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Green Magpie


Latest posts by Green Magpie

1 to 10 of 407

Planting out tomatoes

Posted: 17/05/2015 at 19:08

I planted my tomatoes out last Monday (11th May). I knew it was a bit early but they were over a foot tall and looking great (I live in south Devon). The forecast said nighttime temps would be about 9, which is just about Ok. Then on the late forecast he said there might be FROST!  So there I was at 10.30 pm, out there with a torch, throwing fleece over my plants, worried I would lose them all.

It didn't go down below 5, and my plants have been unprotected since Tuesday morning. I have to say they are looking very happy and green and healthy so far.

The same can not be said for the few French beans I put out at the same time. Big mistake. Luckily I have some more in the mini-greenhouse.

fruit question

Posted: 17/05/2015 at 10:07

This year I mulched the rasps with a pile of thatch and moss that my husband had raked out of the lawn. It seems to have worked well, as it was drier and less inclined to go soggy than grass cuttings. But some years they have done very well without mulching.

Repotting - a word to the wise

Posted: 13/05/2015 at 09:51

Oh, here's another tip for double-layer pots, or even pots in drip trays: before you fill the pot, place a layer of J- cloth or a scrap of horticultural fleece in the bottom of the pot, covering the holes. This helps exclude the creepy-crawlies, stops the pots making a mess, and still allows drainage.

Repotting - a word to the wise

Posted: 12/05/2015 at 19:50

Yes, I agree, any double-layer pot arrangement leaves a gap likely to be favoured by the enemy. You need to check and remove them from time to time or put in some slug pellets

Repotting - a word to the wise

Posted: 12/05/2015 at 16:59

I suppose if you do have a pot bellied container, you could line it with an ordinary plastic pot in the conventional shape.

Carrot bed

Posted: 11/05/2015 at 16:39

I've tried several varieties of carrot and to be honest they've all been pretty good. I think home grown carrots raised in good soil, not pumped full of water, and eaten fresh, are always much tastier than bought ones.   This year I am trying Tendersweet which are supposed to be very good for flavour. Autumn King can be a bit slow to sweeten up, so unless you particularly want a later crop I wouldn't recommend them.

weeping willow dead?

Posted: 10/05/2015 at 22:17

Even when they're not exactly dead, those willows can get quite ugly and clumsy and  lopsided. We got rid of one this winter and the garden looks much better without it.

Climber for a Pot

Posted: 10/05/2015 at 22:14

Clematis montana can get huge, and you may need to remove it from your balcony. A less vigorous clematis might be better. If you are near a Morrisons, they have a good choice at about £2 at the moment. Many are newish varieties from Eastern Europe and very good. Trouble is, they die back in the winter.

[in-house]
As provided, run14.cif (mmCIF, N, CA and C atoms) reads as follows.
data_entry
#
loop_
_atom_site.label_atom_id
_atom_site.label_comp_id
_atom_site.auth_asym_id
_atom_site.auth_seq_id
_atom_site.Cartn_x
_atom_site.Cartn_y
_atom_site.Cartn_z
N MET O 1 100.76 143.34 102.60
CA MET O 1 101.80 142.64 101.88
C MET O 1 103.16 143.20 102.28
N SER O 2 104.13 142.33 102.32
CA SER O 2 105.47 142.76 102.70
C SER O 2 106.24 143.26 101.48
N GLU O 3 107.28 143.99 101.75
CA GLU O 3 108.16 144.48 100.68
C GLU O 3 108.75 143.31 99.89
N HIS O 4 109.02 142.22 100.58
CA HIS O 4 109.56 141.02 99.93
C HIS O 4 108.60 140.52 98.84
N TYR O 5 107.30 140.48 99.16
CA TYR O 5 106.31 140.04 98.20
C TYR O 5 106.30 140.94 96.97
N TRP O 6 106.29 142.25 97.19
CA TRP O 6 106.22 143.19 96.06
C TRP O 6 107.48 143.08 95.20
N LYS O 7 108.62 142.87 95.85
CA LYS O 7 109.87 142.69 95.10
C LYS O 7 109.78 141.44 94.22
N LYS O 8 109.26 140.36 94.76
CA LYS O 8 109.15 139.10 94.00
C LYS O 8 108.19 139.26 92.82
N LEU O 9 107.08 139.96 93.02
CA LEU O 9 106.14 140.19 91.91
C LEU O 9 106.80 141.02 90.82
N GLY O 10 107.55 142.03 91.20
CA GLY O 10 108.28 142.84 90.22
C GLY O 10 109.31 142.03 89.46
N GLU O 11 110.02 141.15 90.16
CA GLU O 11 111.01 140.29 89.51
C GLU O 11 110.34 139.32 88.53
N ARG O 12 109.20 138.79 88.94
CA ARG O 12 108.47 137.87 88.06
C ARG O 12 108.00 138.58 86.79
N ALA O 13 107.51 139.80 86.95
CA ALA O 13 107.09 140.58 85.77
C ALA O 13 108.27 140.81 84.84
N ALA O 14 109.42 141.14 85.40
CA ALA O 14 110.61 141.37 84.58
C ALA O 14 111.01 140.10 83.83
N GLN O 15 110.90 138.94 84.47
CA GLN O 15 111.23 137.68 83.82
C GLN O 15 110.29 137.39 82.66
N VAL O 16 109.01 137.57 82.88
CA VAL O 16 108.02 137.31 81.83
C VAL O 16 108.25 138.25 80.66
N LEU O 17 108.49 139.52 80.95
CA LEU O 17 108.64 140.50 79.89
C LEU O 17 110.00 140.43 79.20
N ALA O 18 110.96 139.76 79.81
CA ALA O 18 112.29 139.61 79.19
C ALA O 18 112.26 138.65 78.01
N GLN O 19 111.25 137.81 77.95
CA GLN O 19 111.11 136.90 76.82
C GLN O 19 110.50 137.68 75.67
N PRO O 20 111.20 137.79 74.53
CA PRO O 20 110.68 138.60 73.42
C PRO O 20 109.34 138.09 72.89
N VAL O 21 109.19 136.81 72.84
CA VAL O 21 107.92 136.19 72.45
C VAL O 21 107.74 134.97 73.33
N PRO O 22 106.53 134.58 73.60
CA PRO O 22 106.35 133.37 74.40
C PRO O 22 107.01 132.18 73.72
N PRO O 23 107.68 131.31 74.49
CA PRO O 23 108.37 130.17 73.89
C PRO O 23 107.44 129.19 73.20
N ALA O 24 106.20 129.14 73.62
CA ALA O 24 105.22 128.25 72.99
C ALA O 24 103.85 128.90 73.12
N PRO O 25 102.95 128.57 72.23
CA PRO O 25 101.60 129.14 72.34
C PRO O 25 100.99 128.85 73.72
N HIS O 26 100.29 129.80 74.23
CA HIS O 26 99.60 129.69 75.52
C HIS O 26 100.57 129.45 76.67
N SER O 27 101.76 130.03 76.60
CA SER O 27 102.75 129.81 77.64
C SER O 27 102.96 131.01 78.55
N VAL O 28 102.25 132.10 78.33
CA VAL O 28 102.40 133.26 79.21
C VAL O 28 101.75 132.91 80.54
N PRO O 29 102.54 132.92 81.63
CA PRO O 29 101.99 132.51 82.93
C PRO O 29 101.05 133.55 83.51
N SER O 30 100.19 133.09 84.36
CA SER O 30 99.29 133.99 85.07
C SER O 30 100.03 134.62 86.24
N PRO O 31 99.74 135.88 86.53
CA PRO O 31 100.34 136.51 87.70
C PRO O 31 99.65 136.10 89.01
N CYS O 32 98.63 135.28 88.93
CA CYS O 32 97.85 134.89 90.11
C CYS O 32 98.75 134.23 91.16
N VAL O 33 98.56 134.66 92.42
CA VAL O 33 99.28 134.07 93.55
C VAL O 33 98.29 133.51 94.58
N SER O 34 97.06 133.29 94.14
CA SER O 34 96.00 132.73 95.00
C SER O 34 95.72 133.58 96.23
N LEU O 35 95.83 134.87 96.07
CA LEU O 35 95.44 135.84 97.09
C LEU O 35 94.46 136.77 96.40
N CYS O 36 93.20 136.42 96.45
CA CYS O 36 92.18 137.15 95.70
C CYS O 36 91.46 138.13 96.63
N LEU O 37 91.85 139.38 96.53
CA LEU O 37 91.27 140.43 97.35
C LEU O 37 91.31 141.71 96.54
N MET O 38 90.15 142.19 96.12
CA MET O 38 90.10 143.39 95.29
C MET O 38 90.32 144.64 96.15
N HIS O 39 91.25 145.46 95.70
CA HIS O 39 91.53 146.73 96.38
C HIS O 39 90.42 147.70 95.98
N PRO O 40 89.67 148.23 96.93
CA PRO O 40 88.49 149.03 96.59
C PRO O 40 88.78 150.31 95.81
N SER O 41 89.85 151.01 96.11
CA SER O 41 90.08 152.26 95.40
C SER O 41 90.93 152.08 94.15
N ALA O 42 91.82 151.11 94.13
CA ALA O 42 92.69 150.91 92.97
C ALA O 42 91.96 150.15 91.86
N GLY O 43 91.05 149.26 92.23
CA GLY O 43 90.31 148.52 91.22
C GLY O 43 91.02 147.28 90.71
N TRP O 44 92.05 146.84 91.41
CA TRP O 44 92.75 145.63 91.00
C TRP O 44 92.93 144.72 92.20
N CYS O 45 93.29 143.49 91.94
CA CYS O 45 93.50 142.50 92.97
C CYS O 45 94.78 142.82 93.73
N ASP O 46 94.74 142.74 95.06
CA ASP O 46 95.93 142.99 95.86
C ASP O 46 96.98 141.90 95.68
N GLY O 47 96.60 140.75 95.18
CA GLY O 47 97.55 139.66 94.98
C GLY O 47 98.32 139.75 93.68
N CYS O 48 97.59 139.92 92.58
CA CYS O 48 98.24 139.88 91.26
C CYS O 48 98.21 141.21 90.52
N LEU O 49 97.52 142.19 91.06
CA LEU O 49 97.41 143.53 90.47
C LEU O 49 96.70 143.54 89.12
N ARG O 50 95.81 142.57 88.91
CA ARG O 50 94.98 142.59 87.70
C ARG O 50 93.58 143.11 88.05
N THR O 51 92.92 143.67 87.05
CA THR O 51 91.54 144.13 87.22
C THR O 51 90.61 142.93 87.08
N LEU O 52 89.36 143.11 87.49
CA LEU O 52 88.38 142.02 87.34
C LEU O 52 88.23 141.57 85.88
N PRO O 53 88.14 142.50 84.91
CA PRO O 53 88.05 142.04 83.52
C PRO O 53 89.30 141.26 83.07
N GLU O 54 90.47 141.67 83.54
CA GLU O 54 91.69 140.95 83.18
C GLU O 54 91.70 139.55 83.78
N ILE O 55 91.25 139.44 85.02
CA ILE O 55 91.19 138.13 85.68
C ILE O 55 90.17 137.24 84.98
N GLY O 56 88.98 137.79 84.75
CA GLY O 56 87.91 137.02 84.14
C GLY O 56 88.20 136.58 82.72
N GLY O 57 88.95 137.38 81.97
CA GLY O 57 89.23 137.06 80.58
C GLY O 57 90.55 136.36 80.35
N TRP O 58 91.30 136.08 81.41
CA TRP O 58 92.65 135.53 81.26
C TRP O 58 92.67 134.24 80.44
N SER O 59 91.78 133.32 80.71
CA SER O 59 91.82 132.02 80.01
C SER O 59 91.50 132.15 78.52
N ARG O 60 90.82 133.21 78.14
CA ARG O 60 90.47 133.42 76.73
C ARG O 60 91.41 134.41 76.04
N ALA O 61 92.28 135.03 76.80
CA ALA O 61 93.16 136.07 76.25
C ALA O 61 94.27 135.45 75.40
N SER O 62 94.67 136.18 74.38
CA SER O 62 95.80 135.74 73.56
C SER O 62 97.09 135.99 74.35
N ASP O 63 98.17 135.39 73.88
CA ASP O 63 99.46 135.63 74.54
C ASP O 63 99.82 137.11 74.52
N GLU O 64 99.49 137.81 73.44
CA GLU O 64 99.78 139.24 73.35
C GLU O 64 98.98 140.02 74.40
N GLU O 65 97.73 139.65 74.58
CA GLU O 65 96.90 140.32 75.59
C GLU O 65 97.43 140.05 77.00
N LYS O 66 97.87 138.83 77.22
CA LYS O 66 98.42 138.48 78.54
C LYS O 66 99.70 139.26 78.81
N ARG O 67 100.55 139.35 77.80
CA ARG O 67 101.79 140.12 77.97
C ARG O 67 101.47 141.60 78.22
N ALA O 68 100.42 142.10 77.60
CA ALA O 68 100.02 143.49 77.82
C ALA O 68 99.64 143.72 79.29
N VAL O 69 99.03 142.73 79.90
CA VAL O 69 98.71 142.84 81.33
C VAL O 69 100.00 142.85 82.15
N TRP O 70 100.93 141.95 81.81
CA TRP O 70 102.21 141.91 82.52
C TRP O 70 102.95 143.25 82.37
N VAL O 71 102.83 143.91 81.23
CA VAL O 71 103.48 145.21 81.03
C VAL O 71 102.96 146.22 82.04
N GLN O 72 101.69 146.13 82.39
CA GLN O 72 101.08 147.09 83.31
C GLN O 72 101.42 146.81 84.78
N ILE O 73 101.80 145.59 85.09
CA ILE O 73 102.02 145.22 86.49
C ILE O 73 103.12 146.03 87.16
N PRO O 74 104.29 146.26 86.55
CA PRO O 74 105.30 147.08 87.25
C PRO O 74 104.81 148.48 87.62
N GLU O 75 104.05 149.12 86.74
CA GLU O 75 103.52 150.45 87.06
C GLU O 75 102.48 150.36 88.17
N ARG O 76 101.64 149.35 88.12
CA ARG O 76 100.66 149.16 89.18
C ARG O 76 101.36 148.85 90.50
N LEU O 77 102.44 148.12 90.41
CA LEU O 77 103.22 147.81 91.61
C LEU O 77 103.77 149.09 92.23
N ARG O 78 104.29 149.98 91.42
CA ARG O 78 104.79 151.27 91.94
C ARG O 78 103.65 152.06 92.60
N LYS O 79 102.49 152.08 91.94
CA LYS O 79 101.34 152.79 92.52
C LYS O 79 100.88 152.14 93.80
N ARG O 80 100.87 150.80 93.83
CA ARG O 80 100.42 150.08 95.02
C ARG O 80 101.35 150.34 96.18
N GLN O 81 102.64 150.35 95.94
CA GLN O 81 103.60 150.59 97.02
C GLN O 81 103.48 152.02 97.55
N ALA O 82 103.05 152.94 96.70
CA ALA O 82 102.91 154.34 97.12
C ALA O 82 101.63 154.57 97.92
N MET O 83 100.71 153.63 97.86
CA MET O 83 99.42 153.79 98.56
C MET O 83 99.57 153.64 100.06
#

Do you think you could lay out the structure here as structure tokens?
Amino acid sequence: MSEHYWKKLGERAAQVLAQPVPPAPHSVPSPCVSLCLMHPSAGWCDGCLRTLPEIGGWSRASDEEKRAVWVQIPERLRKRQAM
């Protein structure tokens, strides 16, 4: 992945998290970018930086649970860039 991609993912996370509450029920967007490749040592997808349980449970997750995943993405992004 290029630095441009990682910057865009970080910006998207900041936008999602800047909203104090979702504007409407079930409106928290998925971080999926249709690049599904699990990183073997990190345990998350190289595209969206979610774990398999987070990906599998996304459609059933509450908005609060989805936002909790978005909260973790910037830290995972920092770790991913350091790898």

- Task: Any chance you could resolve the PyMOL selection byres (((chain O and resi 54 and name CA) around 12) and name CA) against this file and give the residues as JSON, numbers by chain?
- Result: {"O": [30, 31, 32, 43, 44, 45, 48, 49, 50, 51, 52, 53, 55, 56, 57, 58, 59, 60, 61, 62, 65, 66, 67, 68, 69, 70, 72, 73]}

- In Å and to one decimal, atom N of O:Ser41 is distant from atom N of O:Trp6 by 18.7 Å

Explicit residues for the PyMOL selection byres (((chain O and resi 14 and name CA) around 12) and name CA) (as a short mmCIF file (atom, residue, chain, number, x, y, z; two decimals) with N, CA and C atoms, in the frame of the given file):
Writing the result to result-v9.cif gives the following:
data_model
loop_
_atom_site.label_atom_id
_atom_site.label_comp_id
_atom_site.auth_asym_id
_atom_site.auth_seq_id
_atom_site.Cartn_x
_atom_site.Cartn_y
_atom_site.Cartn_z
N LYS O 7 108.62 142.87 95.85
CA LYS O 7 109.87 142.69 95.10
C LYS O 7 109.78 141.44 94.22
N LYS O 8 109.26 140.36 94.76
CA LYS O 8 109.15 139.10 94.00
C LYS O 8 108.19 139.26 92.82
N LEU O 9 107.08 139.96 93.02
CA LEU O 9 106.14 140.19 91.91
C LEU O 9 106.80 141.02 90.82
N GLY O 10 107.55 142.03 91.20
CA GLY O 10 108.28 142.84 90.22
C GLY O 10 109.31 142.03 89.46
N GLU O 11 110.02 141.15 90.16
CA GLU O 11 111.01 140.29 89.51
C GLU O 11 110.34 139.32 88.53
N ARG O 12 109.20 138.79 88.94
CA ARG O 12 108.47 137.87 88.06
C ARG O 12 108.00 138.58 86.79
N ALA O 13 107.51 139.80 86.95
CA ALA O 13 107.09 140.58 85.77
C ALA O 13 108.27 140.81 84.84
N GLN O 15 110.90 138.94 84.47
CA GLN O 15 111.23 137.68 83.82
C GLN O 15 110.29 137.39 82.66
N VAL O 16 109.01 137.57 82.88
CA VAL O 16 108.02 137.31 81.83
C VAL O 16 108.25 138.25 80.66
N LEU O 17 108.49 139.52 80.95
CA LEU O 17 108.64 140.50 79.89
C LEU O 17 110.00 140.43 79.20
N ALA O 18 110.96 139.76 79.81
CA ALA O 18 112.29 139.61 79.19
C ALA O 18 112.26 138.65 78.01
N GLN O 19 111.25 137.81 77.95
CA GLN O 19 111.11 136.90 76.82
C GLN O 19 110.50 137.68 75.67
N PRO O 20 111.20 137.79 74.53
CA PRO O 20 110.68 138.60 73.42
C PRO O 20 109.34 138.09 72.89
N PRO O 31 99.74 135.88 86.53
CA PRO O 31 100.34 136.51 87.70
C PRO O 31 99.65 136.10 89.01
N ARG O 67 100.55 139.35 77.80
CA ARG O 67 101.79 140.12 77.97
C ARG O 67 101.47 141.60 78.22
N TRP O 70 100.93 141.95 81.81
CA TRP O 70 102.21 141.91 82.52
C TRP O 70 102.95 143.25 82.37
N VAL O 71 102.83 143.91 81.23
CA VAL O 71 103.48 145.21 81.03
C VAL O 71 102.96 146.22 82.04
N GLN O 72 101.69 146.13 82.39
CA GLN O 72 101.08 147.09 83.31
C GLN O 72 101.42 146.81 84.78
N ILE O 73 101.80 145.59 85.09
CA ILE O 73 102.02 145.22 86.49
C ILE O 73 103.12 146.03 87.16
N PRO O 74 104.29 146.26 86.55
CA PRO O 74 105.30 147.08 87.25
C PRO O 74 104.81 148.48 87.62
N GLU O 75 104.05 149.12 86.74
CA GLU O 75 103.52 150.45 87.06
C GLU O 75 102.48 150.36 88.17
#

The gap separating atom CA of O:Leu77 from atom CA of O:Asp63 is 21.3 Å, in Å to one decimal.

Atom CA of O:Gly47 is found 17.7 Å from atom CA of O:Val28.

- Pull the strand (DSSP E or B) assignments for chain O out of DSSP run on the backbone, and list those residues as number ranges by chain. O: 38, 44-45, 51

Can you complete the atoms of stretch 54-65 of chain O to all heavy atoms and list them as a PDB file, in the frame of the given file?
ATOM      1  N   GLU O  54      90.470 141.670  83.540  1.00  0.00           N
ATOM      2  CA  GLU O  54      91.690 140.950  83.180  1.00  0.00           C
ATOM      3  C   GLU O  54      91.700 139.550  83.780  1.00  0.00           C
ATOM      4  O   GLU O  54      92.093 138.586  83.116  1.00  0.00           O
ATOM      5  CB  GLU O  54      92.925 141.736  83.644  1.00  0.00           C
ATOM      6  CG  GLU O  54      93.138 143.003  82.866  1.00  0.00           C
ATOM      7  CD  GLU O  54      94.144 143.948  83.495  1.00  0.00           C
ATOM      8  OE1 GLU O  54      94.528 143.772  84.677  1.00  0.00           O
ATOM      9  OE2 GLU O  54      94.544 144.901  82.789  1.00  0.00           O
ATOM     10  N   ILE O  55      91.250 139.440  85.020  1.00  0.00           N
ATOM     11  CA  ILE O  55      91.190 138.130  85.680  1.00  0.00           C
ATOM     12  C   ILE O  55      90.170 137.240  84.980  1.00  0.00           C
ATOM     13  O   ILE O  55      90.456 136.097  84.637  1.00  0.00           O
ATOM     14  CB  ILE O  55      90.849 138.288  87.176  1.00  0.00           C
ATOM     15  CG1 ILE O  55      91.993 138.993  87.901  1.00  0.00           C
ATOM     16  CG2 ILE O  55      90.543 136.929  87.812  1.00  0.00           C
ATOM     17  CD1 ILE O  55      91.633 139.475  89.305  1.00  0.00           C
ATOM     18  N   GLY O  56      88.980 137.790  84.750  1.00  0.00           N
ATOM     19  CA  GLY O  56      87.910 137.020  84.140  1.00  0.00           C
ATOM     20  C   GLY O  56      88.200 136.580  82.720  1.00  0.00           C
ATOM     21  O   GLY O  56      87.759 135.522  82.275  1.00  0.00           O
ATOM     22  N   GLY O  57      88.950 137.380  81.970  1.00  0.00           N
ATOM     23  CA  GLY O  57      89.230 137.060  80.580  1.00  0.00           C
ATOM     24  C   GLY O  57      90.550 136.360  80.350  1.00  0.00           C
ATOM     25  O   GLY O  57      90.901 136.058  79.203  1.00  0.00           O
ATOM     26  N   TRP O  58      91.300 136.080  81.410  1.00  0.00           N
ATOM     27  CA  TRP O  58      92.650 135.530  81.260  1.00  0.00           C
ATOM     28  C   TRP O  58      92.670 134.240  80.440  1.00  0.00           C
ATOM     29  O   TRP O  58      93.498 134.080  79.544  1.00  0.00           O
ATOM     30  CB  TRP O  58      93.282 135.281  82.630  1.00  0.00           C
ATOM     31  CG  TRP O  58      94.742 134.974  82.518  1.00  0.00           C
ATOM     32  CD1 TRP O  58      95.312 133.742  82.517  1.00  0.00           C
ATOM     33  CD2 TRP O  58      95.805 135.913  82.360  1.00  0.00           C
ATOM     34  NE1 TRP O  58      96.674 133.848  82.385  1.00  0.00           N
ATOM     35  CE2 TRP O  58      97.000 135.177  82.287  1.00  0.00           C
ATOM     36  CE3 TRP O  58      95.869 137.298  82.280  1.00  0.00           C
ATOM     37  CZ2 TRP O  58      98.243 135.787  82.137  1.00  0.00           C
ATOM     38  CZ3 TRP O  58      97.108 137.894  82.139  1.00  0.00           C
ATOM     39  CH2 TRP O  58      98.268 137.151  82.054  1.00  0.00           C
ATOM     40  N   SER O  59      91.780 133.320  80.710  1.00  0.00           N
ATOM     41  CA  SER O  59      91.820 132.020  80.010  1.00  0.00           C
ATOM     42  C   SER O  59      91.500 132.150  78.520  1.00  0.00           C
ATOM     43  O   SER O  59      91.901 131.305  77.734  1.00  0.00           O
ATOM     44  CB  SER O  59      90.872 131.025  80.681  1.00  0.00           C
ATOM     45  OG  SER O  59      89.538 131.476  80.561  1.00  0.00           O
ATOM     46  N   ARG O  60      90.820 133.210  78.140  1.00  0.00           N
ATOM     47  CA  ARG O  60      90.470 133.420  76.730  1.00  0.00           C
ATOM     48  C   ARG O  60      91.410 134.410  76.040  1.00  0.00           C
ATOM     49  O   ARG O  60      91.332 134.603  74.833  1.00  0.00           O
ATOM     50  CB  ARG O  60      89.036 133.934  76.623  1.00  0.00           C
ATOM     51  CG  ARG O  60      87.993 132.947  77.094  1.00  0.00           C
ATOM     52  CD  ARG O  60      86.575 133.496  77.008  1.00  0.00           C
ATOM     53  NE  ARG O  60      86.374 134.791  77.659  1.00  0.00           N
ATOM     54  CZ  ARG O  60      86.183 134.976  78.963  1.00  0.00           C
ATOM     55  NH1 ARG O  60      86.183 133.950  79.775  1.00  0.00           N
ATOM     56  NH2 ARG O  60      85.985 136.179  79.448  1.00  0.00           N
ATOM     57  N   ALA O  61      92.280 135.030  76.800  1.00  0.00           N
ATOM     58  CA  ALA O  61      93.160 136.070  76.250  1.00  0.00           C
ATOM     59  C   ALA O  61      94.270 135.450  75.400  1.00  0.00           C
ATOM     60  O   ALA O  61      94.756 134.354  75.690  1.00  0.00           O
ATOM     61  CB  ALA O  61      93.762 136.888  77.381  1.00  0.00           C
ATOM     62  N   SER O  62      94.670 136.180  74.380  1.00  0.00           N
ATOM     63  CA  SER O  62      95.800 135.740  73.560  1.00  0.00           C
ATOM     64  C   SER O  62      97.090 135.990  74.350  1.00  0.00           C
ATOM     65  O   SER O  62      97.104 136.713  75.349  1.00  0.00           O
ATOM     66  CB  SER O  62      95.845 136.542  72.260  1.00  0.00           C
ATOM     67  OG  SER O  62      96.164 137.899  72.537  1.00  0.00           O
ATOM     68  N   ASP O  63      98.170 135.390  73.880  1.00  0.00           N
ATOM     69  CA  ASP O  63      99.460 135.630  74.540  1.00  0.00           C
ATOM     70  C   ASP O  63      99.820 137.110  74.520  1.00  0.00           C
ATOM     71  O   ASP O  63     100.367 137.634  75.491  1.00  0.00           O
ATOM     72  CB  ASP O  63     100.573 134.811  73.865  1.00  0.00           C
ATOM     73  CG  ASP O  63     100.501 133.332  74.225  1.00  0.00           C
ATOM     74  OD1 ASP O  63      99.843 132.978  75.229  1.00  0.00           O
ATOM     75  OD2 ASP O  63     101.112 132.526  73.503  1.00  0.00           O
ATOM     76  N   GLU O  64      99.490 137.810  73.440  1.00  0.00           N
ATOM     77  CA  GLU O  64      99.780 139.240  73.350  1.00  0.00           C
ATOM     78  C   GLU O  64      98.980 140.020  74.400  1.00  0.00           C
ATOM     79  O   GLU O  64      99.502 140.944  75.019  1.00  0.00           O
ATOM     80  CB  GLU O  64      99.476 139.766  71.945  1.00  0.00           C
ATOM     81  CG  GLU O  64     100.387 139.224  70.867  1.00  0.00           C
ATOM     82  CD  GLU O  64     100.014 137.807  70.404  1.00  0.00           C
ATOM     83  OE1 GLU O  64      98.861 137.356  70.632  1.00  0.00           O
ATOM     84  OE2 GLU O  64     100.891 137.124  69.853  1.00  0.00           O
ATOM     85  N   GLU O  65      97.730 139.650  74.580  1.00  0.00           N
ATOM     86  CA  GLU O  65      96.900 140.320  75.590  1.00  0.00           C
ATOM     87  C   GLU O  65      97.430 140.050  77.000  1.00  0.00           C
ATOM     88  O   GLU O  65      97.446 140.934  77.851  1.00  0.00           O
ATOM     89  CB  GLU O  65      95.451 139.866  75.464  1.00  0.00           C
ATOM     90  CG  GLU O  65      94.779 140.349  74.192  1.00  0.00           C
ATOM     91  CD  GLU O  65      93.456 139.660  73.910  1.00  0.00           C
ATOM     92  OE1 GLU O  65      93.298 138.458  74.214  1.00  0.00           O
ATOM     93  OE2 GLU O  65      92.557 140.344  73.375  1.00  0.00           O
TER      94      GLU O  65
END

There are also annuals such as climbing nasturtiums and sweet peas that should do well in pots on a balcony.

Multi purpose vs seed compost for veg seeds

Posted: 10/05/2015 at 22:07

I think seed compost is supposed to have less nutrients, which is better for germinating seeds. But I have run out of seed compost and am about to sow some basil seeds (indoors) in multi-purpose. They will be in it for the entire life of the plants so I'm sure they'll do just as well as in seed compost.

Carrot bed

Posted: 10/05/2015 at 18:25

I grow good carrots in raised beds. Because the soil stays loose and doesn't get compacted, it suits carrots very well. The beds are only about 45cm deep  - the soil level being lower than this - and this is not high enough to keep off the carrot fly, although it's a good height for most purposes. 

So I use horticultural fleece. It's not pretty or convenient, but it works. You can use pegs to secure it, but I now find the best way is to lay a length of fleece across the bed,  allowing plenty of spare, and weigh it in place with bricks on the ground outside the bed. That way, as the plants grow, the fleece can be loosened off so that it doesn't squash the leaves. You might need a peg or two to secure it in the middle of the bed and stop the fly getting in the sides.

Fleece varies in quality and it's worth getting a strong quality that won't get torn apart by wind or rain.  Last year I had no carrot fly at all, although there's usually a bit of damage by the end of the season.

1 to 10 of 407

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